With wheat consumption is on the rise in Indonesia, the country might soon be in a position to resolve its self-sufficiency target for rice, according to a new report by Rabobank.
Economic growth and greater convenience are behind the rise of this more economical and nutritious alternative to rice, Indonesia’s staple, which is in turn set to drive imports and investment.
Given the current consumption rate, Indonesia could import more than 10m tonnes per year over the coming five years, placing it among the top three wheat importers in the world.
"Indonesia is traditionally a rice-consuming country," explained Rabobank analyst Pawan Kumar. "However, in the last two decades, the importance of wheat as an important staple has grown, driven by a rising middle-class, the westernisation of diets, economic growth and the desire for convenience.
“At the same time, the country has struggled to maintain rice self-sufficiency due to constraints on acreage expansion, lack of quality land and lower yield, especially among subsistence farmers".
According to Rabobank, Indonesian wheat consumption increased by 5% per year between 2002/03 and 2012/13, making it one of the highest-growth countries for consumption. Overall consumption grew by 70%, rising from 3.8m tonnes to 6.6m tonnes over the same period.
Supplies from Australia
Indonesia is unable to produce wheat domestically, as the hot and humid climate is unfavourable for cultivation. It therefore relies heavily on imports from Australia, Canada and the US. Imports have shot up more than threefold in the last 20 years, reaching 7.1m tonnes in 2012/13 and making it the third-largest importer for the year.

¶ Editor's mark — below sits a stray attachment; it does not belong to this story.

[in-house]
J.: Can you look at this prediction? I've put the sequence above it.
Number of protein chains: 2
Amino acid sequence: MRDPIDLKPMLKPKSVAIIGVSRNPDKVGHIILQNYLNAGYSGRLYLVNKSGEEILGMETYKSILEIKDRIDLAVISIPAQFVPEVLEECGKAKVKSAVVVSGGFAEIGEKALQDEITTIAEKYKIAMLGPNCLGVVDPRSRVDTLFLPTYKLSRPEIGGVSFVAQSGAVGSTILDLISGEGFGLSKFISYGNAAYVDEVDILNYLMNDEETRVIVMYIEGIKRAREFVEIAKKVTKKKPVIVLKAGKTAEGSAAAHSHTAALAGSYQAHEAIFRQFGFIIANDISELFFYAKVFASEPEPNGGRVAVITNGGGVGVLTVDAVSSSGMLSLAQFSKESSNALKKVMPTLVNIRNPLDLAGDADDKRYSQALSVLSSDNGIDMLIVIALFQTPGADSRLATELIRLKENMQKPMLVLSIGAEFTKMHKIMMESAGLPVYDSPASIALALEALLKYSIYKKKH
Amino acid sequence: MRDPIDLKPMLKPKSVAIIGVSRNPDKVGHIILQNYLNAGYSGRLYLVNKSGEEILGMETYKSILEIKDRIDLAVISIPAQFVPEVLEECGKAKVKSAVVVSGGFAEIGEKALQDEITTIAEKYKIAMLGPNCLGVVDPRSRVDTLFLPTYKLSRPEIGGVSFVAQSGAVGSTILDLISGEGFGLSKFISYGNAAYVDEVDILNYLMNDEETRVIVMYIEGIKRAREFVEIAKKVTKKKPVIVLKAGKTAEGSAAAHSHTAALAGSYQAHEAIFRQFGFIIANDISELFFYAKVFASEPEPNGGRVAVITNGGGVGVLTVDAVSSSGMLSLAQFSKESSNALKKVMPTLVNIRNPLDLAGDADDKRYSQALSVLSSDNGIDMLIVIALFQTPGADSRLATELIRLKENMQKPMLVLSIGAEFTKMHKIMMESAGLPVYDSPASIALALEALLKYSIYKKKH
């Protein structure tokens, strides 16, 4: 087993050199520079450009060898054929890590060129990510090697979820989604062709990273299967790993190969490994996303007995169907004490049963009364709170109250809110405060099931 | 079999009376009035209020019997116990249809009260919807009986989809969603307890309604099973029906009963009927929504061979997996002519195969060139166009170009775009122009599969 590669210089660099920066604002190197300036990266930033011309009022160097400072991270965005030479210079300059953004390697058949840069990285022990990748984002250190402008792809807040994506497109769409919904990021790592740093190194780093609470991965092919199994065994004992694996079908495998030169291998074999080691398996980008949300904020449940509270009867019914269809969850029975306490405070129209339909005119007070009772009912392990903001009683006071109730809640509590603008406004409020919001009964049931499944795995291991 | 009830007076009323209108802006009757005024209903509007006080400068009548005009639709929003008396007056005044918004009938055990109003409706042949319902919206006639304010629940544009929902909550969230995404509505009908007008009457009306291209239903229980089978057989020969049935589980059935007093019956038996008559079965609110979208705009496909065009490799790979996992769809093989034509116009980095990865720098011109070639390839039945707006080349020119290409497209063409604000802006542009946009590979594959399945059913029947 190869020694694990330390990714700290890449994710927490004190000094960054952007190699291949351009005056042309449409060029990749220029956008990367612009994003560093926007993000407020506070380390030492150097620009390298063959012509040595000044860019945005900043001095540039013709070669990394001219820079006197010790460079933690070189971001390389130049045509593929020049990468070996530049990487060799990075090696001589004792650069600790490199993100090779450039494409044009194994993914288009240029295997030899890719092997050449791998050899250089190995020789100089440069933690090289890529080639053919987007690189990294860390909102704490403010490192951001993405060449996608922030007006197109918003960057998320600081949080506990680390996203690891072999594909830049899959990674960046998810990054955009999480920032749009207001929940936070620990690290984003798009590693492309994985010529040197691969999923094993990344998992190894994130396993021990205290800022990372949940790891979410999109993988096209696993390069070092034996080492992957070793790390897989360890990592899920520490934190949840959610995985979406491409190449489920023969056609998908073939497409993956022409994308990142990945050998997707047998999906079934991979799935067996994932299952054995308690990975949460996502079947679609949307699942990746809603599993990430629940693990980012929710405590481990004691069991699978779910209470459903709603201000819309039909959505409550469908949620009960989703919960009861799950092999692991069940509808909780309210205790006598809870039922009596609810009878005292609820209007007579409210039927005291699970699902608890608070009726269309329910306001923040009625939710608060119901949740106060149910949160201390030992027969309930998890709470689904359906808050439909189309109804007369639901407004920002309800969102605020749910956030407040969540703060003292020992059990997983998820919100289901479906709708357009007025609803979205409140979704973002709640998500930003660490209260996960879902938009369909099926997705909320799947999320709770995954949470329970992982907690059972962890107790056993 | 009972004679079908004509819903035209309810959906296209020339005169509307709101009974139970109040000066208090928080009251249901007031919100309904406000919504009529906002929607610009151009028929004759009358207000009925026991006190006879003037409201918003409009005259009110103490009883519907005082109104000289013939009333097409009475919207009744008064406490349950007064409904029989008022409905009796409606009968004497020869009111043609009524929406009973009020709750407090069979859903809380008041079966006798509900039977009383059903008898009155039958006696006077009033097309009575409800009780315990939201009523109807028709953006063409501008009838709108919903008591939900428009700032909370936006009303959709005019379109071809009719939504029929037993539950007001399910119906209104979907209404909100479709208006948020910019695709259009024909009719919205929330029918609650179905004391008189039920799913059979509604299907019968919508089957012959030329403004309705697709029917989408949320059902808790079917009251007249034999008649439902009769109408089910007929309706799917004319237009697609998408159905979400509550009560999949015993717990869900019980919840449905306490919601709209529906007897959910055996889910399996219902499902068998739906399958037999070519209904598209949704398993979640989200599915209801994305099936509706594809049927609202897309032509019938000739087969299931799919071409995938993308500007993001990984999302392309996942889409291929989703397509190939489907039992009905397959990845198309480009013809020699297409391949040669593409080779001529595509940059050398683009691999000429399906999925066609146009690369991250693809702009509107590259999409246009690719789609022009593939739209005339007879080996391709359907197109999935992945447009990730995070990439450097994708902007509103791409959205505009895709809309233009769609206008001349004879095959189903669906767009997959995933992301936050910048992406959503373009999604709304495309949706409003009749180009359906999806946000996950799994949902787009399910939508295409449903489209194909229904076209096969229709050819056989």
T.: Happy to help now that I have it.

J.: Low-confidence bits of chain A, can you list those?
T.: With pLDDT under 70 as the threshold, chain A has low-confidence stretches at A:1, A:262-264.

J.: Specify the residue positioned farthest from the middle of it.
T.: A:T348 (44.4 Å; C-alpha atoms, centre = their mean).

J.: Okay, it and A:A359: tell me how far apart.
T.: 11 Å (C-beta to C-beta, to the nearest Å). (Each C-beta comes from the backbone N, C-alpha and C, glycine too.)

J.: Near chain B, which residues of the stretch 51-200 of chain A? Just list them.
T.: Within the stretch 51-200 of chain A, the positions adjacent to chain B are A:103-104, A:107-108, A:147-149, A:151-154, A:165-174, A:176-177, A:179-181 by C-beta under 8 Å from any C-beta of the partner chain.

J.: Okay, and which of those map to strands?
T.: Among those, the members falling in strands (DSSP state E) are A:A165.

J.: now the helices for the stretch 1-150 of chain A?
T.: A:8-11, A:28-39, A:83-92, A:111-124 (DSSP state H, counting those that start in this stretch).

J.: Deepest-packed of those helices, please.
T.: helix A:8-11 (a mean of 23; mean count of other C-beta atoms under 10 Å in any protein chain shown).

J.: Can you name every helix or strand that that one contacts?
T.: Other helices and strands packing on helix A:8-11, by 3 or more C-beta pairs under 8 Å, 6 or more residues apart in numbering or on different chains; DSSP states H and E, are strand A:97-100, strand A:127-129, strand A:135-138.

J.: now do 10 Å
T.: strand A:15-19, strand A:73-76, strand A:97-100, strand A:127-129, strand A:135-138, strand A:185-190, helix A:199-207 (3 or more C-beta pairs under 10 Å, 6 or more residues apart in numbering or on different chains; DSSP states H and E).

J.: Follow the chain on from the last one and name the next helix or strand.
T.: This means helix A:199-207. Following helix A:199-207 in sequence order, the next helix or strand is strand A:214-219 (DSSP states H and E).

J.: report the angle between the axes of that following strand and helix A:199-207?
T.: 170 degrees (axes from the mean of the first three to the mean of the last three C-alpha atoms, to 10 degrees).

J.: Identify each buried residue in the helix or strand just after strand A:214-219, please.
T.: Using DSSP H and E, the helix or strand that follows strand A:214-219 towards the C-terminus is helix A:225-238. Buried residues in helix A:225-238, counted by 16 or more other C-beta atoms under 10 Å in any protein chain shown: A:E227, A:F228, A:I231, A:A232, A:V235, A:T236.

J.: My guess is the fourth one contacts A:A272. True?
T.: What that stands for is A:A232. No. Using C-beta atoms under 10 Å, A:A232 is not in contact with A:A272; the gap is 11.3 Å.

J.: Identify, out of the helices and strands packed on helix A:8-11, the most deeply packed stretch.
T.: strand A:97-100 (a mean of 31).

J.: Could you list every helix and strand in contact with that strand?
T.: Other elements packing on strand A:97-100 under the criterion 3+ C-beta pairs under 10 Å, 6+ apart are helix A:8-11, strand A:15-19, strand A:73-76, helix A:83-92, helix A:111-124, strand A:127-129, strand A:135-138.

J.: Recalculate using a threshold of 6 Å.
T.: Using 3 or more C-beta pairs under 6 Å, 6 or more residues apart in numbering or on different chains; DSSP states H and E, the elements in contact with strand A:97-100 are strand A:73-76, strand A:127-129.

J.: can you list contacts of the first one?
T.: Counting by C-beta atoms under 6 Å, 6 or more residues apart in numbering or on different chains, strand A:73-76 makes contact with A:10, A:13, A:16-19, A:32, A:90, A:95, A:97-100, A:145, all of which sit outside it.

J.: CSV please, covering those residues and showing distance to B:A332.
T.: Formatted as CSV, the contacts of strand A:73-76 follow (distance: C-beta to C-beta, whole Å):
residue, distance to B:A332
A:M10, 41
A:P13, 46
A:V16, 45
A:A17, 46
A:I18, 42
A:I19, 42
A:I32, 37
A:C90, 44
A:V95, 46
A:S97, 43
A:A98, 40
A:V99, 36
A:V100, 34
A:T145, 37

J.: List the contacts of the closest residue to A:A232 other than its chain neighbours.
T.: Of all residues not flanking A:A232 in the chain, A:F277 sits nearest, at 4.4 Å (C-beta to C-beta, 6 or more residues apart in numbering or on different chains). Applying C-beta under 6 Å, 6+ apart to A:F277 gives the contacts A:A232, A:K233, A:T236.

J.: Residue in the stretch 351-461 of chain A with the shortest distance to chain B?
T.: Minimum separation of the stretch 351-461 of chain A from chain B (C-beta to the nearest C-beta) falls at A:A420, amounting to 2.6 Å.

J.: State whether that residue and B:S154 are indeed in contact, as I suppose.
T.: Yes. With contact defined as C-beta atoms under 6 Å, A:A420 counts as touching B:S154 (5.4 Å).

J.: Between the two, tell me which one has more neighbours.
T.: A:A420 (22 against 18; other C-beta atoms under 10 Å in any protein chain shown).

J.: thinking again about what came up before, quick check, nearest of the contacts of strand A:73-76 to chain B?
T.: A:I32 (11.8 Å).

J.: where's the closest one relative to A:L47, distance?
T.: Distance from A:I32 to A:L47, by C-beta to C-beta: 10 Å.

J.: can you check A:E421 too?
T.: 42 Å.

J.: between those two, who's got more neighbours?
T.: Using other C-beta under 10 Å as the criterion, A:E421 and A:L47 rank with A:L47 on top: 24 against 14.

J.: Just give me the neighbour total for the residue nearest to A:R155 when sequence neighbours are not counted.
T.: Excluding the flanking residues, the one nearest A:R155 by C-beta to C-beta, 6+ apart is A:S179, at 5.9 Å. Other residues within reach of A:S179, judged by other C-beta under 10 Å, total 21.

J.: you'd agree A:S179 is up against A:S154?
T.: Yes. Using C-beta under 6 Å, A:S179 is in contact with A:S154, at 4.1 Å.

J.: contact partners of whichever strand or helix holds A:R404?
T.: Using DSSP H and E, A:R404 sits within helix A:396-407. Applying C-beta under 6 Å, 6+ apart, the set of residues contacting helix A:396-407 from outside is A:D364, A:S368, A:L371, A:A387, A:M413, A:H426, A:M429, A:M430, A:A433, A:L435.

Wheat provides an economical and nutritious alternative to rice, and the growth in consumption of noodles and bakery products and the expansion of food service chains will underpin import growth.
With a growth rate of 6% per annum over the last 10 years, a favourable projected economic growth, and a young population, Rabobank predicts that Indonesia will import more than 10m tonnes in the next five years. This would place the country on par with the current leading global importer, Egypt.
The proximity of Australia provides Indonesia with a large and sustainable supply of wheat. The Indonesian government has been supportive of wheat industry growth and the wheat milling industry. With such positive factors, Indonesia is likely to become a major wheat consumer and importer over the next decade, providing ample opportunities for foreign investments in the wheat supply chain, Rabobank believes.